These and additional objects and advantages of the present invention will be more readily understood after a consideration of the drawings and the detailed description of the preferred embodiment which follows.
FIG. 1 is a generally schematic representation of a dental unit which employs an exhaust control system including an exhaust manifold constructed in accordance with a preferred embodiment of the invention.
FIG. 2 is a side sectional view of the exhaust manifold depicted in FIG. 1.
FIG. 3 is an end view of the exhaust manifold depicted in FIG. 2.
FIG. 4 is a simplified fragmentary side sectional view of a dental handpiece of the type employed by the dental unit of FIG. 1.
Referring initially to FIG. 1, a preferred embodiment of the invented dental unit is shown, such unit being indicated generally at 10. In the depicted embodiment, dental unit 10 employs a control unit 12 which includes a pressurized fluid supply in the form of an onboard air compressor of the type used to drive pneumatic tools. The pressurized fluid supply similarly may take the form of an off-unit air compressor, or other device capable of providing fluid at a pressure sufficient to drive pneumatic tools (e.g., dental handpiece 14).
Dental unit 10 also employs a vacuum pump 16 which establishes a vacuum in an associated suction device such as that shown schematically at 15. Suction device 15 may take the form of a saliva ejector, a high volume expectorator, or any of a number of other suction tools. Such tools typically are configured to draw saliva from the patient's mouth during a dental procedure so as to keep the work area clear. The vacuum pump then deposits the material in a waste collector such as waste drain 18.
Dental unit 10 employs a series of pneumatic conduits 20-28, such conduits defining a flow path for fluid from control unit 12 to drain 18. For reasons which will be apparent, the conduits are non-collapsible, each taking the form of a nonporous tube configured to carry either a pressurized fluid or to support a vacuum. In the preferred embodiment, the conduits also are flexible, providing the dental unit operator with the ability to manipulate handpiece 14.
Referring still to FIG. 1, it will be noted that control unit 12 has a plurality of outputs, each output being connected to the onboard air compressor (not shown). Those skilled will appreciate that virtually any number of outputs may be employed, the number of outputs being limited primarily by the limitations of the air compressor and by the number of pneumatic tools. The control unit outputs thus supply pressurized fluid to input conduits 20a, 20b, 20c, each of which is connected to a pressurized fluid input of a corresponding pneumatic tool. Conduit 20a, for example, directs pressurized fluid to an input of handpiece 14.
As indicated in FIG. 4, handpiece 14 includes a fluid-driven turbine 14a which is configured to rotate upon supply of a pressurized fluid through conduit 20a. The turbine mounts on a shaft 14b which carries a dental bit B for use in connection with the treatment of a tooth T. Shaft 14b is rotatively mounted in the handpiece via a lubricated bearing arrangement 14c. Pressurized air thus may be supplied to engage vanes on turbine 14a, rotating the turbine, the shaft, and the associated dental bit. The pressurized fluid is then expelled through a pressurized fluid output via an output conduit 22a.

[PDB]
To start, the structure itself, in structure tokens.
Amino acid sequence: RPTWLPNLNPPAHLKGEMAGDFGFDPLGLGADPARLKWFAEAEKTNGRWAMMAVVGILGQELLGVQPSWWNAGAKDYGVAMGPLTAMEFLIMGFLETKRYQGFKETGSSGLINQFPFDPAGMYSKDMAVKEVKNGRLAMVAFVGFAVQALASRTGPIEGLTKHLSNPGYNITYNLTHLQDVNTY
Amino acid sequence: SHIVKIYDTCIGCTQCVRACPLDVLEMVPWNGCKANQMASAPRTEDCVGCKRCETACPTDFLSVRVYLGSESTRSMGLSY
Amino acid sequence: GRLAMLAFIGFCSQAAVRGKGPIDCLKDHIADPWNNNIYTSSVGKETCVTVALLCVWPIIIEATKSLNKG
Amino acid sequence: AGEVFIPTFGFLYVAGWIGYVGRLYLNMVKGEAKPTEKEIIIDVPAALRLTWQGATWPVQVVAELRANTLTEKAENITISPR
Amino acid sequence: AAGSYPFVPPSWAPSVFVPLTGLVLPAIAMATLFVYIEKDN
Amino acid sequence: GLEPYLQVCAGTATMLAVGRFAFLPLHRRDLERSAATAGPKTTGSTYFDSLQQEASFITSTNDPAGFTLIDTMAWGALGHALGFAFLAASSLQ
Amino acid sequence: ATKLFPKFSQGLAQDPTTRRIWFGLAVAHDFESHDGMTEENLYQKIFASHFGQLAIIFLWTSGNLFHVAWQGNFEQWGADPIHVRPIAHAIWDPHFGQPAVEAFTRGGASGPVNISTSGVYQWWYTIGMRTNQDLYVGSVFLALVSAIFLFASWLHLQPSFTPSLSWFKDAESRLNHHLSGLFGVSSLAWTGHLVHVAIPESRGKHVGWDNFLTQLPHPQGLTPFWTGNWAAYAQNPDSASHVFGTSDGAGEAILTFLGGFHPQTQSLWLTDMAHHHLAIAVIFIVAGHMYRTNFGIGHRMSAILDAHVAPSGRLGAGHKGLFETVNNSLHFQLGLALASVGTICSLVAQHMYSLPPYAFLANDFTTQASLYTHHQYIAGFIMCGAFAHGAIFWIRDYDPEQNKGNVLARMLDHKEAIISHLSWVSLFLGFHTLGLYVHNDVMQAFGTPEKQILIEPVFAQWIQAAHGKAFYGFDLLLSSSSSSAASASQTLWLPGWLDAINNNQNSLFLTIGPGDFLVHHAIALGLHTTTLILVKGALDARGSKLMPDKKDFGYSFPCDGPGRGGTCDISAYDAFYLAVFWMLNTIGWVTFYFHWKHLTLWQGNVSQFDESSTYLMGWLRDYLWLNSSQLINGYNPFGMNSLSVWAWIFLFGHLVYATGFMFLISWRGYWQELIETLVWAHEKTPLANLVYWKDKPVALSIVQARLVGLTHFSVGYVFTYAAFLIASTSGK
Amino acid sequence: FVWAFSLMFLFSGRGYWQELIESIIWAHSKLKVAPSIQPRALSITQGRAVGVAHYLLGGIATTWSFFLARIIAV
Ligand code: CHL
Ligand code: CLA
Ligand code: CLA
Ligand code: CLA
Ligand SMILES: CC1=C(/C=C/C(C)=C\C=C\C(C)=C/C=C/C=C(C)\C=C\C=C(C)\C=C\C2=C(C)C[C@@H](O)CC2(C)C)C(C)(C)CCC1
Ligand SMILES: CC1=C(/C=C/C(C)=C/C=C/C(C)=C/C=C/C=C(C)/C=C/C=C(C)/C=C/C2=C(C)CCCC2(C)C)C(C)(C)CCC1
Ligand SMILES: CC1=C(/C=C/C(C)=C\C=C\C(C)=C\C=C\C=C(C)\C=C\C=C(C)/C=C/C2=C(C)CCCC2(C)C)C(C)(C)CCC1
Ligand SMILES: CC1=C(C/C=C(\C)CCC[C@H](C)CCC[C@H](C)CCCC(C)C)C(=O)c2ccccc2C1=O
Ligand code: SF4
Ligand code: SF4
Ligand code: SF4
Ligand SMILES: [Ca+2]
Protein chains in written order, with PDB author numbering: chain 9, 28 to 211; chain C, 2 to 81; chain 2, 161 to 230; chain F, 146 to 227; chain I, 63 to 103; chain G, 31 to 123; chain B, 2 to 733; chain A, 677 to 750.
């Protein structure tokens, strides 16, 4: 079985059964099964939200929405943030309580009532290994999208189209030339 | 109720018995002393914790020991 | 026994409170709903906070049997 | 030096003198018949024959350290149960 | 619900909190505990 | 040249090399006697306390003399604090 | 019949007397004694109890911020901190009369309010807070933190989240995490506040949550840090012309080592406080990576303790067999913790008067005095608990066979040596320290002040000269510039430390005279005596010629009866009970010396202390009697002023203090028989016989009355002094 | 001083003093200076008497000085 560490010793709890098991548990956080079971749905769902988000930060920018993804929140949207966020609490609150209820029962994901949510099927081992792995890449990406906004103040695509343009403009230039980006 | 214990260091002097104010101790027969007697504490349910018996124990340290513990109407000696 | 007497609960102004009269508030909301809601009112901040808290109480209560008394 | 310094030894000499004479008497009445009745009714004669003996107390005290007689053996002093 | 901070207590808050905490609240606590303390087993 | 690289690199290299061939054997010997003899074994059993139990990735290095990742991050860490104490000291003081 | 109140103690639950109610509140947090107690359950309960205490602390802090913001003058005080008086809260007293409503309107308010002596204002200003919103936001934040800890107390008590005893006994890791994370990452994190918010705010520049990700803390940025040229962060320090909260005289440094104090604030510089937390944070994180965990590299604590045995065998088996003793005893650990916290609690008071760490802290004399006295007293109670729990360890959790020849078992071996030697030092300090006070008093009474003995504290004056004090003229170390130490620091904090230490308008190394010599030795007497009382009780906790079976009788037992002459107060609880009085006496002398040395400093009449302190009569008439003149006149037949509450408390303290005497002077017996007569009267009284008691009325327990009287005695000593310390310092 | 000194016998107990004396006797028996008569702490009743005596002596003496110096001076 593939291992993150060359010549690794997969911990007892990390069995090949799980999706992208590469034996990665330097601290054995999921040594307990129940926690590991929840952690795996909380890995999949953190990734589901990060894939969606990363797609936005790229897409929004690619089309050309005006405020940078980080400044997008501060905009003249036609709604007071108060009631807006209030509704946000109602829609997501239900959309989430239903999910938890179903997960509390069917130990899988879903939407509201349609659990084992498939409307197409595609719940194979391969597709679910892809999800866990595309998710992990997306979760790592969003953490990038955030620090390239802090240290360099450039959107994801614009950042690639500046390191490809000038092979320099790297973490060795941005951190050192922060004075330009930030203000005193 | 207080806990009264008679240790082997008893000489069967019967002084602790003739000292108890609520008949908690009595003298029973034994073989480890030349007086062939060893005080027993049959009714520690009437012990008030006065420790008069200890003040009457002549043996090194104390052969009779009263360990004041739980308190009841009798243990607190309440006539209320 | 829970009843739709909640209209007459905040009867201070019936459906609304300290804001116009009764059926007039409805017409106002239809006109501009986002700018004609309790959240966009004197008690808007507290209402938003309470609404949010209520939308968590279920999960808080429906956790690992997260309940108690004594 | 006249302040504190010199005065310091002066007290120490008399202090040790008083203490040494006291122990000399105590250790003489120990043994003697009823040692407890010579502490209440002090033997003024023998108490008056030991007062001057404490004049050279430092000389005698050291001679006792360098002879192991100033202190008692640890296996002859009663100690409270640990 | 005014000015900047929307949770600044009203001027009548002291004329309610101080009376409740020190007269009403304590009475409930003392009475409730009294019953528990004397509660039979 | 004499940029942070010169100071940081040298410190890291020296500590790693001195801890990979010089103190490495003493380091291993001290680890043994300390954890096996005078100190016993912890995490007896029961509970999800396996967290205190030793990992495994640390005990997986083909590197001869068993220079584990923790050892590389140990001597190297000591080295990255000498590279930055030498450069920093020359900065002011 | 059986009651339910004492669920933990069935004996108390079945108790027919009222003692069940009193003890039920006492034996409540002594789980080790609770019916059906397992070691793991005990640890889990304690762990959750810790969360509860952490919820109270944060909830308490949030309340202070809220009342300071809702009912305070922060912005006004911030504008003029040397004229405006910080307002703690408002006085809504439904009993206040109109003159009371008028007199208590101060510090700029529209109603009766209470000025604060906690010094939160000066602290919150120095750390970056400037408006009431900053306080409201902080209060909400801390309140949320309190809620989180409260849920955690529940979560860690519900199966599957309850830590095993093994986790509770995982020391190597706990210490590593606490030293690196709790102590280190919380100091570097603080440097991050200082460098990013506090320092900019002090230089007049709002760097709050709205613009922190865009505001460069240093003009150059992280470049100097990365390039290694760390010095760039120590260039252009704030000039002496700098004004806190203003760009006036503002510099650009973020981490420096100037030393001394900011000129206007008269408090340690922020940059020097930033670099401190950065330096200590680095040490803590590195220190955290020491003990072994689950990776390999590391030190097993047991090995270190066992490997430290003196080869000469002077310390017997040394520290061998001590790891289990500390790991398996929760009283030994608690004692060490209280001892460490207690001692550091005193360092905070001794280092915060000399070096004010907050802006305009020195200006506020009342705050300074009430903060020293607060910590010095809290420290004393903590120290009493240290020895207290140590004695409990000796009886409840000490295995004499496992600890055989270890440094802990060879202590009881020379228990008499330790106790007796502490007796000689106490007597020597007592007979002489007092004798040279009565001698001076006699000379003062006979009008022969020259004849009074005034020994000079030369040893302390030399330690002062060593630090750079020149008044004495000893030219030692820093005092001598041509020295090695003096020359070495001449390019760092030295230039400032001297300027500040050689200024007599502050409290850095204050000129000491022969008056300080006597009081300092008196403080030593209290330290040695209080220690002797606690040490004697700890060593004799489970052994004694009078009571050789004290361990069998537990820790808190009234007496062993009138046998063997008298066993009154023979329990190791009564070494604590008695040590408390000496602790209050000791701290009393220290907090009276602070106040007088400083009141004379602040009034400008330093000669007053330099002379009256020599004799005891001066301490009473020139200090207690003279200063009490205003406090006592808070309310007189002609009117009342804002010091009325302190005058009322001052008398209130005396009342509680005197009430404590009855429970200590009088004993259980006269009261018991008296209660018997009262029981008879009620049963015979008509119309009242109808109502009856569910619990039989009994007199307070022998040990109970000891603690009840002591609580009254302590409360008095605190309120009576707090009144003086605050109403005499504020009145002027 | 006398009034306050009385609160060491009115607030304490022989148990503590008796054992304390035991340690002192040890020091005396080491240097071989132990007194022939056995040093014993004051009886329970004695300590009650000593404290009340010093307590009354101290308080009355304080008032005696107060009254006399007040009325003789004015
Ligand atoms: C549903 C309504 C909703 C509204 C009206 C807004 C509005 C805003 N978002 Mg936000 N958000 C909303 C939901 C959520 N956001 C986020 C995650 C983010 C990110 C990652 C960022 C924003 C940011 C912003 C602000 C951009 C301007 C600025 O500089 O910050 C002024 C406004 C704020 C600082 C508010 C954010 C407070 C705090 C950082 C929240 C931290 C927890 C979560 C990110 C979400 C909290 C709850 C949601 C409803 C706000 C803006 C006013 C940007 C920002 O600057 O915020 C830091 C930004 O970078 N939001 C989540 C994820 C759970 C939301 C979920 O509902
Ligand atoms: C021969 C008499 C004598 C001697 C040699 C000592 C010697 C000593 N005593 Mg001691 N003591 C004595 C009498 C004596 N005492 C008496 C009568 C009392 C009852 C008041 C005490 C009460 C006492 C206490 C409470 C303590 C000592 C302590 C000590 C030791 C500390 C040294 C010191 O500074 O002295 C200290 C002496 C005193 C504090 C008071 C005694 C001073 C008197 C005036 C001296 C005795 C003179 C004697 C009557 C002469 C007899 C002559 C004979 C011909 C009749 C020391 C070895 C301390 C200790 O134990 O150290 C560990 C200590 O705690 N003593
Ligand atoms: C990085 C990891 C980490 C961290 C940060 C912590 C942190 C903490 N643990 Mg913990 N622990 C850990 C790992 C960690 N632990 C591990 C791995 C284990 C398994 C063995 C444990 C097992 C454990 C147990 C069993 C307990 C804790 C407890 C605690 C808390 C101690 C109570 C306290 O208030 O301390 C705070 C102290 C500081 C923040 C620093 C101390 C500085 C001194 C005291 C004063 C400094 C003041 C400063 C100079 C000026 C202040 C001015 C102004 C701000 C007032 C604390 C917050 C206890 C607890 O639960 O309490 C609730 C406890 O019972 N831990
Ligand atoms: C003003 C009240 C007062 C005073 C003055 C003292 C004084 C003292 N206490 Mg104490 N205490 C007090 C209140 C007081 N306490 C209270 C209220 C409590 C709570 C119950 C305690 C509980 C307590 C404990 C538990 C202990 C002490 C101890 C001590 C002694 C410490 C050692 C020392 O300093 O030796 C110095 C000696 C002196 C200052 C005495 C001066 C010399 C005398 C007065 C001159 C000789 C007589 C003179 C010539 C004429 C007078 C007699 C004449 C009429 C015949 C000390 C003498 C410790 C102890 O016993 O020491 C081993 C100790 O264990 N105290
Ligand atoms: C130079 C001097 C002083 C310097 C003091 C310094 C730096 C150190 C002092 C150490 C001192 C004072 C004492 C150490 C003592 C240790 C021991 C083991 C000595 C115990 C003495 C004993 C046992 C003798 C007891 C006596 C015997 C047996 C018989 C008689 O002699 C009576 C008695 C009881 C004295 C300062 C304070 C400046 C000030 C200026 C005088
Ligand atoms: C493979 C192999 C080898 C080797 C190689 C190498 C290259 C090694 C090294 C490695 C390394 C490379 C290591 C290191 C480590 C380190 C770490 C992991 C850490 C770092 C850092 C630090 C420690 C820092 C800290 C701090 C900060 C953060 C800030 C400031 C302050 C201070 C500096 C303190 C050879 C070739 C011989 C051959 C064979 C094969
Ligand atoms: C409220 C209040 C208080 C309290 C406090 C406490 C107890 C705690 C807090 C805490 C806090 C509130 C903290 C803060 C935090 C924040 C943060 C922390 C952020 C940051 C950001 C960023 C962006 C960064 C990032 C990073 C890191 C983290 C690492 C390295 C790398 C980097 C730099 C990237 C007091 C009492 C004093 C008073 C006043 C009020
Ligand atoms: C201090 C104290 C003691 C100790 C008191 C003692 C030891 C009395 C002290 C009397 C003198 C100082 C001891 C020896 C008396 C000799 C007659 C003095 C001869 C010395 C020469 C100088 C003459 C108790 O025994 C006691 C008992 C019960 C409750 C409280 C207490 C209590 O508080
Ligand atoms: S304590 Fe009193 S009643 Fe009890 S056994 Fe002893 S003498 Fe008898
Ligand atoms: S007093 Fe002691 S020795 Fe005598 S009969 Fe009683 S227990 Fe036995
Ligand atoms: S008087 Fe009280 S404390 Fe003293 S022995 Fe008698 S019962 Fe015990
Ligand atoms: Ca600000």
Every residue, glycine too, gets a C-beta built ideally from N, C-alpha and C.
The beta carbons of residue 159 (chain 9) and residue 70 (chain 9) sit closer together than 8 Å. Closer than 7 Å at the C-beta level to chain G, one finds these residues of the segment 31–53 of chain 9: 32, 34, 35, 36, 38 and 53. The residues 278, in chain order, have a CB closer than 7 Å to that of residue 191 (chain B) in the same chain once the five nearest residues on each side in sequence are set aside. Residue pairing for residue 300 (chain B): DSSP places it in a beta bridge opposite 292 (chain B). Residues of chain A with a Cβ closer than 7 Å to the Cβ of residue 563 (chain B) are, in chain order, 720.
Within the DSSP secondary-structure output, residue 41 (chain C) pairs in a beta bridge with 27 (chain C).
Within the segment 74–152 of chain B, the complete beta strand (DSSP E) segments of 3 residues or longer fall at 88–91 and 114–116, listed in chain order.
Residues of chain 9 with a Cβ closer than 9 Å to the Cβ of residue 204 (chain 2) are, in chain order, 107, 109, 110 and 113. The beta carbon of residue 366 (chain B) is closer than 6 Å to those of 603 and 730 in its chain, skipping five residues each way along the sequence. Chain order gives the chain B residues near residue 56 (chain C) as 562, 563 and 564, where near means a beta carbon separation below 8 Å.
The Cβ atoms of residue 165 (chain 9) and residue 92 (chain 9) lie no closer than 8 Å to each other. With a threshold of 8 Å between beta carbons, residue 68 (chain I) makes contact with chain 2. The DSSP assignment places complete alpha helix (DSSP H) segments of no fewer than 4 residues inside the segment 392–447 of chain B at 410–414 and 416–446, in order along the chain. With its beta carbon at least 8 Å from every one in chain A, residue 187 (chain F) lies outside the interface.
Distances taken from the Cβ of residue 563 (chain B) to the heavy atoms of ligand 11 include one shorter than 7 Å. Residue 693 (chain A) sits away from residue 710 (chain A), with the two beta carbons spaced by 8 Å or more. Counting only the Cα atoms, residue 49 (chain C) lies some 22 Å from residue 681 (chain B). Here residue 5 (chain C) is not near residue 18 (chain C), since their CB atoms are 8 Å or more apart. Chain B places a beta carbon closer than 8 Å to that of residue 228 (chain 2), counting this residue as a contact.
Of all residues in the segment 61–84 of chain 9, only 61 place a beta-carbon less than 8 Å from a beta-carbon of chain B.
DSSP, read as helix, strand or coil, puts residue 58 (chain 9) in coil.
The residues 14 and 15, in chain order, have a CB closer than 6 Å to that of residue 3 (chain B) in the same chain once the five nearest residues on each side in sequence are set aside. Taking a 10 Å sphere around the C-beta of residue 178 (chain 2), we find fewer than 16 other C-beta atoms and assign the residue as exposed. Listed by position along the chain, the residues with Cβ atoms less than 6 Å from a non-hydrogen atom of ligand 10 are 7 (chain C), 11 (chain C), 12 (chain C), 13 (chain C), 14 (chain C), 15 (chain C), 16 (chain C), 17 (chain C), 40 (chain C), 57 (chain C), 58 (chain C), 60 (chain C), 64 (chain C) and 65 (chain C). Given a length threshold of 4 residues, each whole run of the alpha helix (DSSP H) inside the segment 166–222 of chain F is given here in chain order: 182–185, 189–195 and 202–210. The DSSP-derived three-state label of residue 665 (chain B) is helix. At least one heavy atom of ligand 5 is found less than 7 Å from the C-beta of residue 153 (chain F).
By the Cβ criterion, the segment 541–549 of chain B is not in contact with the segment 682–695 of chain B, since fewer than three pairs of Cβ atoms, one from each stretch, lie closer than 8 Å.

In the preferred embodiment, the dental unit will be seen to include a plurality of output conduits 22a, 22b, 22c, each of which is connected to a corresponding output of a handpiece such as that shown in FIG. 4. Typically, such output fluid is in some sense contaminated by operation of the handpiece, resulting in contaminated pressurized fluid output. Contaminants may, for example, include lubricants from the handpiece's bearing arrangement, or may include bacteria, viruses, pathogens or other undesirable products which could be present in the fluid from the fluid source, or may enter the flow path due to leaks or openings in the fluid path.
The output conduits connect to an exhaust manifold 30 which is fitted with a plurality of inflow ports as will be described below. The exhaust manifold serves to reduce the pressure of the fluid, the fluid being drawn from the manifold through a single outflow port via a manifold outflow conduit 24. The manifold outflow conduit, in turn, connects to a vacuum conduit 26 which runs between vacuum pump 16 and suction device 15. Such connection may be made by an appropriate intersection valve to introduce suction to conduit 24. The vacuum pump draws the fluid into the pump and expels the fluid into drain 18 via a waste conduit 28.
Referring now to FIGS. 2 and 3, a detailed illustration of the exhaust manifold is provided, such manifold including an elongate tube 32 with an interior depressurization chamber 34. Tube 32, it will be noted, has a plurality of radially-defined inflow ports in the form of openings 36a-36f. Each inflow port is fitted with either a coupling element 38a, 38b, 38c or a plug 38d, 38e, 38f. In the depicted embodiment, inflow ports 36a, 36b, 36c are fitted with corresponding coupling elements 38a, 38b, 38c which connect to conduits 22a, 22b, 22c. Inflow ports 36d, 36e, 36f are unused, and thus are fitted with plugs 38d, 38e, 38f.
The manifold further may be adapted to connect to additional pneumatic tools by removal of the plugs, and insertion of corresponding coupling elements. It thus will be appreciated that the depicted exhaust manifold is adaptable for use in connection with as many as six different pneumatic tools. It similarly is adaptable for use with a single pneumatic tool. Both the coupling elements and the plugs are threaded so as to provide for sealed engagement with correspondingly threaded openings 36a-36f. Hex bolt heads facilitate installation and removal of the coupling elements and plugs.